Overwatch community blown away by curving D.Va bomb on King's Row - Dexerto

Overwatch community blown away by curving D.Va bomb on King’s Row

Published: 2/Mar/2020 0:19

by Brad Norton


D.Va’s Self-Destruct Ultimate can be one of the most predictable abilities in Overwatch, yet this stunning Overwatch League maneuver seemingly found a way to curve the explosion on King’s Row.

Overwatch League provides the highest level of competition in Blizzard’s hero shooter title. As a result, it’s no surprise that the most experienced professionals have a trick or two up their sleeves to catch the opposition off-guard. 

One such trick came from a March 1 series between Boston Uprising and the Philadelphia Fusion. Stunning everyone else in the lobby and the thousands tuned in around the world, Jun-ho ‘Fury’ Kim seemingly launched a D.Va bomb around the payload on King’s Row.

The direction of D.Va’s Ultimate can be manipulated through a quick use of her Boosters. However, players lose all control of the explosive mech as soon as D.Va is ejected.

Despite this, Fury found a way to change the pathing of his lethal Ultimate in the middle of a series against the Uprising. 

While battling through the second phase of King’s Row, Fury had one of only two Ultimates charged up on his team. They had to make it count or risk being overwhelmed and the South Korean veteran managed to sneak the explosion past the payload thanks to a nifty trick.

The Ultimate was launched forward to the left side of the payload, however, it quickly changed direction and curved around to the right.

How exactly did this happen? It turns out that the curb throughout King’s Row’s second phase, is actually tall enough to interact with certain abilities such as D.Va’s Self-Destruct.

The mech was pointed towards the ground before boosting into the enemy team, as to glide across the floor. This allowed the explosive to clip onto the curb and alter its direction as it followed the bend through the street.

The surprising Ultimate resulted in a single kill on Boston’s Main Tank player, all but winning them the fight and eventually the map.

Thanks to this crafty high-level tactic, you can catch unsuspecting teams by surprise in your next ranked game as enemies would likely never anticipate a curving D.Va bomb.


Activision in talks to reduce fees owed by CDL & Overwatch League teams

Published: 2/Dec/2020 22:14 Updated: 2/Dec/2020 22:35

by Theo Salaun


Recent reports from The Esports Observer indicate that Activision Blizzard are in the midst of discussions to possibly reduce the amount the amount owed by Overwatch League and Call of Duty League franchises as part of their entry fees.

With all OWL and CDL plans derailed over the past year, Activision are reportedly trying to rework the hefty investments that organizations have made into their franchising opportunities. When the massive game development company pitched both leagues, neither was expected to be profitable in the short-term, but projections have taken an even greater hit due to current global restrictions.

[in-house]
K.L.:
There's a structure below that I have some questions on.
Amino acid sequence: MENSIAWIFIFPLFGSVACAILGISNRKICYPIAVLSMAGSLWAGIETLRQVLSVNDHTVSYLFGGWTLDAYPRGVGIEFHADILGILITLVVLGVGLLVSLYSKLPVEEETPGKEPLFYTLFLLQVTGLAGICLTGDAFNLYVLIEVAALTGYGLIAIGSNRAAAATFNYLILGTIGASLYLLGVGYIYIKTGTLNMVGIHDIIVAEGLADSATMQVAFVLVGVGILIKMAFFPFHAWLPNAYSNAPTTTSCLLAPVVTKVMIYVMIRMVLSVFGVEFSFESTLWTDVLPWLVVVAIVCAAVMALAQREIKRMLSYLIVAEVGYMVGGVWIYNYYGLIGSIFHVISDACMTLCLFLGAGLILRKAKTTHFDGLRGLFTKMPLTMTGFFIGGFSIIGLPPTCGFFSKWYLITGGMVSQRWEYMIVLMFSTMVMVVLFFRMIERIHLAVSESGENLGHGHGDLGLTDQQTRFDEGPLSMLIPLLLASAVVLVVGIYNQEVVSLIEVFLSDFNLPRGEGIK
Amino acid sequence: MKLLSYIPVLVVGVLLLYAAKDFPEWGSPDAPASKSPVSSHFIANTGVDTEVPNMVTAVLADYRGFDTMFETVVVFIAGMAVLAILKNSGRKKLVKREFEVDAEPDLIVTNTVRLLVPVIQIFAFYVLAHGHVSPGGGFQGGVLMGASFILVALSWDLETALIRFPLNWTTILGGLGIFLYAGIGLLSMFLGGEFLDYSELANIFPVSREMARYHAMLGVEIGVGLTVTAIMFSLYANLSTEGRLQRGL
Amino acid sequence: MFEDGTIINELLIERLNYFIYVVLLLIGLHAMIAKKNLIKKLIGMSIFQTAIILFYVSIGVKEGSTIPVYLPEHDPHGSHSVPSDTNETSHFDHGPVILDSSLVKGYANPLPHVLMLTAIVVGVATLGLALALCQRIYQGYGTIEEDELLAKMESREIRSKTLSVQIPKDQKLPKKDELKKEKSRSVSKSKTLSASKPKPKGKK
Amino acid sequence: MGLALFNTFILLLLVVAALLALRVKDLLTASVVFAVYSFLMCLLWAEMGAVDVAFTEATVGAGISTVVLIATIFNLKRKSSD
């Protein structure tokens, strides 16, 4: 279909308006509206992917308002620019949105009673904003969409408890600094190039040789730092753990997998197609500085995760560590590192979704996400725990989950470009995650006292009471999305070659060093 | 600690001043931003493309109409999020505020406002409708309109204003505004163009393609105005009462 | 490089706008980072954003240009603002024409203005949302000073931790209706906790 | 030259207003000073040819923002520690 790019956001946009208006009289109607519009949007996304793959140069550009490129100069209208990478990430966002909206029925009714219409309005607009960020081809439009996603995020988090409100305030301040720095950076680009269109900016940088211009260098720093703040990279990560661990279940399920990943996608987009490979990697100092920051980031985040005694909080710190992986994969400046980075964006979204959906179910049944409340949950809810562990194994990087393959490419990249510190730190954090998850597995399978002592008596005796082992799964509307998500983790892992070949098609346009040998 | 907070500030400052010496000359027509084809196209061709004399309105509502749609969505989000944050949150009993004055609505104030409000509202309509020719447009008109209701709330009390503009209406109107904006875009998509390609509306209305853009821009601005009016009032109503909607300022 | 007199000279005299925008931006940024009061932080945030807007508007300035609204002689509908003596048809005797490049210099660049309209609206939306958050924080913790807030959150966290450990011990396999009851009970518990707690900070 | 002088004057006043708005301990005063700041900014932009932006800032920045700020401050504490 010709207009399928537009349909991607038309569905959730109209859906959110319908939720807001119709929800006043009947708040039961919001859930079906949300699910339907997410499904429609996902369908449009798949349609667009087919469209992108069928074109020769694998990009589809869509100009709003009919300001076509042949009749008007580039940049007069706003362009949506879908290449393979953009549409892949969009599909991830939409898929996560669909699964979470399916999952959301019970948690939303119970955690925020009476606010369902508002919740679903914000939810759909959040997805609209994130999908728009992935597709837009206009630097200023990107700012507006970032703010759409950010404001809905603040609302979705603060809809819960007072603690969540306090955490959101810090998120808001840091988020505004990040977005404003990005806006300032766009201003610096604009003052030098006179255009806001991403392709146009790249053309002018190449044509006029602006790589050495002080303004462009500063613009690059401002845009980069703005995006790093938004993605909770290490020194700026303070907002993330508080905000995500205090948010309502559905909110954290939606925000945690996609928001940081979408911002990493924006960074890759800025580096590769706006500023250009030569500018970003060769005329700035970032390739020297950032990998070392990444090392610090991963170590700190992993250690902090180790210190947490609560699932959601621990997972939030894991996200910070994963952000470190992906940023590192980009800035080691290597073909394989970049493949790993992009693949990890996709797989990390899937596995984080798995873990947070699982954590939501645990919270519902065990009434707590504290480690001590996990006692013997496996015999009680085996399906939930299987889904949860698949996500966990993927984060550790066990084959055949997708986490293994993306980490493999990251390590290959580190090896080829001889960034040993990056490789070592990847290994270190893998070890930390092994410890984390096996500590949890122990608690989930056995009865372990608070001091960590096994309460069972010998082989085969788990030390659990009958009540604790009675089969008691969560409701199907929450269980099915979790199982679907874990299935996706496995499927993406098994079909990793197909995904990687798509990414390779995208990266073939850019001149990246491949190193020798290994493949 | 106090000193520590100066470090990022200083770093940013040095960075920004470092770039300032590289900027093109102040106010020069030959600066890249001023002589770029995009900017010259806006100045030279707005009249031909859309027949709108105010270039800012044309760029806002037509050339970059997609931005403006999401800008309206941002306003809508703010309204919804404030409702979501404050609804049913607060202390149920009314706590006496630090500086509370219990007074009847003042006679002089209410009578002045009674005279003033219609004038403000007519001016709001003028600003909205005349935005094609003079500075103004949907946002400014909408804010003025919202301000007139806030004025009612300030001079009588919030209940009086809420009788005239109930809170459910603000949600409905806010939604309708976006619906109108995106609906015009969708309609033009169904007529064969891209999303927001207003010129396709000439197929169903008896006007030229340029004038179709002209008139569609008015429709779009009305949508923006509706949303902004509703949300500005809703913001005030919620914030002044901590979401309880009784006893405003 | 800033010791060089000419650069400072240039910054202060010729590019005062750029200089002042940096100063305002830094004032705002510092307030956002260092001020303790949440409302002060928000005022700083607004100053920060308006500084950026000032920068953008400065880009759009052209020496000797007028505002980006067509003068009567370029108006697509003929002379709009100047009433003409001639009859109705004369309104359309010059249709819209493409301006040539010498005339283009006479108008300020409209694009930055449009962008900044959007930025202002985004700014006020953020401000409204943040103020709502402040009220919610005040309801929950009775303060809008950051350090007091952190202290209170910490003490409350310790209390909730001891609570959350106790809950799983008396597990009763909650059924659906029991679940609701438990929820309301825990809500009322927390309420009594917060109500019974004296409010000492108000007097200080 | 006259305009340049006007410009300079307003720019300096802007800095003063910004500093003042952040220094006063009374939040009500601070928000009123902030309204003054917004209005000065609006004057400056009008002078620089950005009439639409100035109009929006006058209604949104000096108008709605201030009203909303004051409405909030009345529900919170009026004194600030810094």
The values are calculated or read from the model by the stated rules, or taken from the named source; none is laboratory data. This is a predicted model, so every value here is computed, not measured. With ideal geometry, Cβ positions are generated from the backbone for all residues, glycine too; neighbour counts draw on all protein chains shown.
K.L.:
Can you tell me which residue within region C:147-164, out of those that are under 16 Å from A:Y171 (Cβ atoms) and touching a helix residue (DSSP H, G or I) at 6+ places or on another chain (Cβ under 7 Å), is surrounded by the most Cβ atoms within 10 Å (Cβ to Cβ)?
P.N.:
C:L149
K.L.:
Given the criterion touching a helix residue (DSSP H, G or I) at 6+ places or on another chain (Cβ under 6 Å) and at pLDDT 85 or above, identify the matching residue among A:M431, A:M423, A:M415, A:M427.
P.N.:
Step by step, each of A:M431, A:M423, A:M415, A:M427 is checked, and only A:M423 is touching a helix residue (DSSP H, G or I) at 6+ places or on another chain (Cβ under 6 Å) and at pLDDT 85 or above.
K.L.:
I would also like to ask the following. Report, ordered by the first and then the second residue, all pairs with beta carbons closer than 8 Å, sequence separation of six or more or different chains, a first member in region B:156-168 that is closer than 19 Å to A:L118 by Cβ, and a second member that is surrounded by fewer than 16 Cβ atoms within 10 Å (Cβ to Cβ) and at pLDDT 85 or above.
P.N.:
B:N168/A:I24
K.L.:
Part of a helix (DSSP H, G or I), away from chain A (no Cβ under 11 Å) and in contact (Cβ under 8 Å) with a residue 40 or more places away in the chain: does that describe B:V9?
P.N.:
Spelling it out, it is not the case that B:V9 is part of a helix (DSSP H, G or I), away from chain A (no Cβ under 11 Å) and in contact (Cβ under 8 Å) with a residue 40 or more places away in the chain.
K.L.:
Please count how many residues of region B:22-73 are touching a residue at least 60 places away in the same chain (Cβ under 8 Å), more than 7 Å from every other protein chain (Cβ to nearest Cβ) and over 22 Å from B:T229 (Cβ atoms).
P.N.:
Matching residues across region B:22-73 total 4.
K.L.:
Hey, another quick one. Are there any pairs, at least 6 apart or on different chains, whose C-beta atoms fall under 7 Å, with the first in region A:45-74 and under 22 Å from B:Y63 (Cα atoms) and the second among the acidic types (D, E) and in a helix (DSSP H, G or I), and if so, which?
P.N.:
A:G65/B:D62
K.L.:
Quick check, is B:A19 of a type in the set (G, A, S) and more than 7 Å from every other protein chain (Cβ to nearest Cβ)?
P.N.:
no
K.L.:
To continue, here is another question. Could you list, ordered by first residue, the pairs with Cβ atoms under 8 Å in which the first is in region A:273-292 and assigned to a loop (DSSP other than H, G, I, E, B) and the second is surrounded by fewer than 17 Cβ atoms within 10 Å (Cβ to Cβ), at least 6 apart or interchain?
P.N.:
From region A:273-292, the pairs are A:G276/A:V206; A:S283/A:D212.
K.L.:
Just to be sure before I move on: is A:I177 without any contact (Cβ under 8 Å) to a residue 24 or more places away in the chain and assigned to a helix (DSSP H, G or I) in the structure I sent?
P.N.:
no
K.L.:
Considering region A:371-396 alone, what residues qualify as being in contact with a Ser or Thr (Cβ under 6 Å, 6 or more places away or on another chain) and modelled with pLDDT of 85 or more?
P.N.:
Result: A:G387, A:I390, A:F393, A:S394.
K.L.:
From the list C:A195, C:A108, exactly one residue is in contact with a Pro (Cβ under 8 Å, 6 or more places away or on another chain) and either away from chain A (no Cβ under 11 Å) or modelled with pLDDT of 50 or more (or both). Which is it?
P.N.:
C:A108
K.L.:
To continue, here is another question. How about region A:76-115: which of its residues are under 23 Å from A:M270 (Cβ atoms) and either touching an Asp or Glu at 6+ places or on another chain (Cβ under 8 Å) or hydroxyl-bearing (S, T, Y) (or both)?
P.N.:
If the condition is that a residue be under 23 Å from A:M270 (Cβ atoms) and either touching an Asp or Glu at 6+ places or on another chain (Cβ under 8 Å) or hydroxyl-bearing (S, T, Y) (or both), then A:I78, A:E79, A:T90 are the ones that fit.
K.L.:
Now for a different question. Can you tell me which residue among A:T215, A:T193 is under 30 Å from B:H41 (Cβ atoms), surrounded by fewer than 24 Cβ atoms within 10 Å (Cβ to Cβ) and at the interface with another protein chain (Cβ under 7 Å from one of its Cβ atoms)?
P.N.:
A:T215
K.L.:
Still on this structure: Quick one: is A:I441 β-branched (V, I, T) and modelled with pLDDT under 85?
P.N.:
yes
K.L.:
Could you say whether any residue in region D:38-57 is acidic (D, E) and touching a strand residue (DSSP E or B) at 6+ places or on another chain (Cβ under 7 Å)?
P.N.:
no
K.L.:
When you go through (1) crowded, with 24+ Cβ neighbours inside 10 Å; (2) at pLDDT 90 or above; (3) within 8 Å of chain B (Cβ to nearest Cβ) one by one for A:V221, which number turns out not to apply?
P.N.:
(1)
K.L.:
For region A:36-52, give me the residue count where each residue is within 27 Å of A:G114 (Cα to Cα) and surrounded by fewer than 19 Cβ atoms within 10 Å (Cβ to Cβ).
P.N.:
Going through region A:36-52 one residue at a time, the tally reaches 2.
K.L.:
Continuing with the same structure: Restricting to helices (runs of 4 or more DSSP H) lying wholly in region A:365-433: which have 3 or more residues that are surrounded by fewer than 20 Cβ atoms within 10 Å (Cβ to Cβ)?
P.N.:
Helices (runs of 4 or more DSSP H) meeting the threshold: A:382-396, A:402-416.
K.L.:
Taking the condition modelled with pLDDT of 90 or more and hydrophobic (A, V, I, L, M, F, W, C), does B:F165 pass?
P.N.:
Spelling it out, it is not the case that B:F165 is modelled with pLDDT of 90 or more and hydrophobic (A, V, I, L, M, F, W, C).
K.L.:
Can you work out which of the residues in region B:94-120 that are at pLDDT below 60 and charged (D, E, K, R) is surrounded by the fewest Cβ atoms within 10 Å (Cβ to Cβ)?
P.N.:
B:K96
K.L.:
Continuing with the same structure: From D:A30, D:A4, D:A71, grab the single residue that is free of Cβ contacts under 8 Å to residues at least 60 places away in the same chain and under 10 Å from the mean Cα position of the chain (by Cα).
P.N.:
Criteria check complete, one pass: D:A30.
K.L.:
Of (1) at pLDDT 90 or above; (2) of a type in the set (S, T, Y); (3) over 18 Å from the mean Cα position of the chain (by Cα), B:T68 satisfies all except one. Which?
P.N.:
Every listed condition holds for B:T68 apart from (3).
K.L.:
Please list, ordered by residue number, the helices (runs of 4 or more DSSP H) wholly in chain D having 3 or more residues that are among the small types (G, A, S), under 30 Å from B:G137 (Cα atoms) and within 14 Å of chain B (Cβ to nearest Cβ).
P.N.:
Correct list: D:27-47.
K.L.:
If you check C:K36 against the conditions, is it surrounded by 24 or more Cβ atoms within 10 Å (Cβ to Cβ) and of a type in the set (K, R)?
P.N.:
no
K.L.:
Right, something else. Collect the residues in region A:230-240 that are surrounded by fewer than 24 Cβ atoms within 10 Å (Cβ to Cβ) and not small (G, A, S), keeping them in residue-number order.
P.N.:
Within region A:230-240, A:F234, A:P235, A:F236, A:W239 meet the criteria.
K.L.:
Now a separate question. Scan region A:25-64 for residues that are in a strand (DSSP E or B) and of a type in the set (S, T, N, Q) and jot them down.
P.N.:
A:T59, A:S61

A groundbreaking esports concept centered around the city-based model that is used in traditional sports, Activision required $20 million entry fees for the OWL’s first 12 teams and then fees in the range between $30 to $60 million for its next eight. For the CDL’s inaugural season, 12 teams needed to put up at least $25 million apiece, even more for cities that were in high-demand.

Now that the plans for local events have understandably shifted, neither league is expanding for their next season and ownership groups in both are looking for ways to save cash. As reported by The Esports Observer’s Adam Stern, this has engendered cost-cutting discussions with Activision’s latest new senior executive hire, Tony Petitti.

overwatch league 2020 event crowd
Ben Pursell For Blizzard Entertainment
One of the many avid crowds at Overwatch League events.

Petitti, formerly Major League Baseball’s deputy commissioner, was hired by Activision Blizzard CEO Bobby Kotick to a senior role involved with both of their leagues as the President of Sports and Entertainment. He joins Johanna Faries, a former National Football League executive, who brings a traditional sports perspective as the commissioner for both the CDL and OWL.

Given their experience with city-based sports leagues, Activision is likely aware of the profitability challenges that their current esport and sport investment groups are facing. As such, it should be no surprise that they are willing to have conversations about concessions that can make current projections fit closer to the original expectations.

As Stern reports, those discussions have included discounting some of the original entry fees: “one idea that is being weighed is reducing the amount of money they owe to the video game maker.” 

Call of Duty League LAN
Call of Duty League
Following in the OWL’s footsteps, the CDL also had huge enthusiasm for live events.

With Immortals Gaming Club selling their Los Angeles Call of Duty franchise to 100 Thieves and reportedly being interested in selling their OWL spot as well, many are wondering if franchise valuations have shifted.

Fortunately, it appears that the profitability projections have remained somewhat consistent despite current predicaments. As reported by Forbes’ Christina Settimi, 100 Thieves COO John Robinson would not set an exact figure on their LA Thieves purchase, but suggested that “franchise values have held up.”

Activision would likely want to avoid an exodus of owners, so these discussions to cut costs and protect brand health are reportedly ongoing.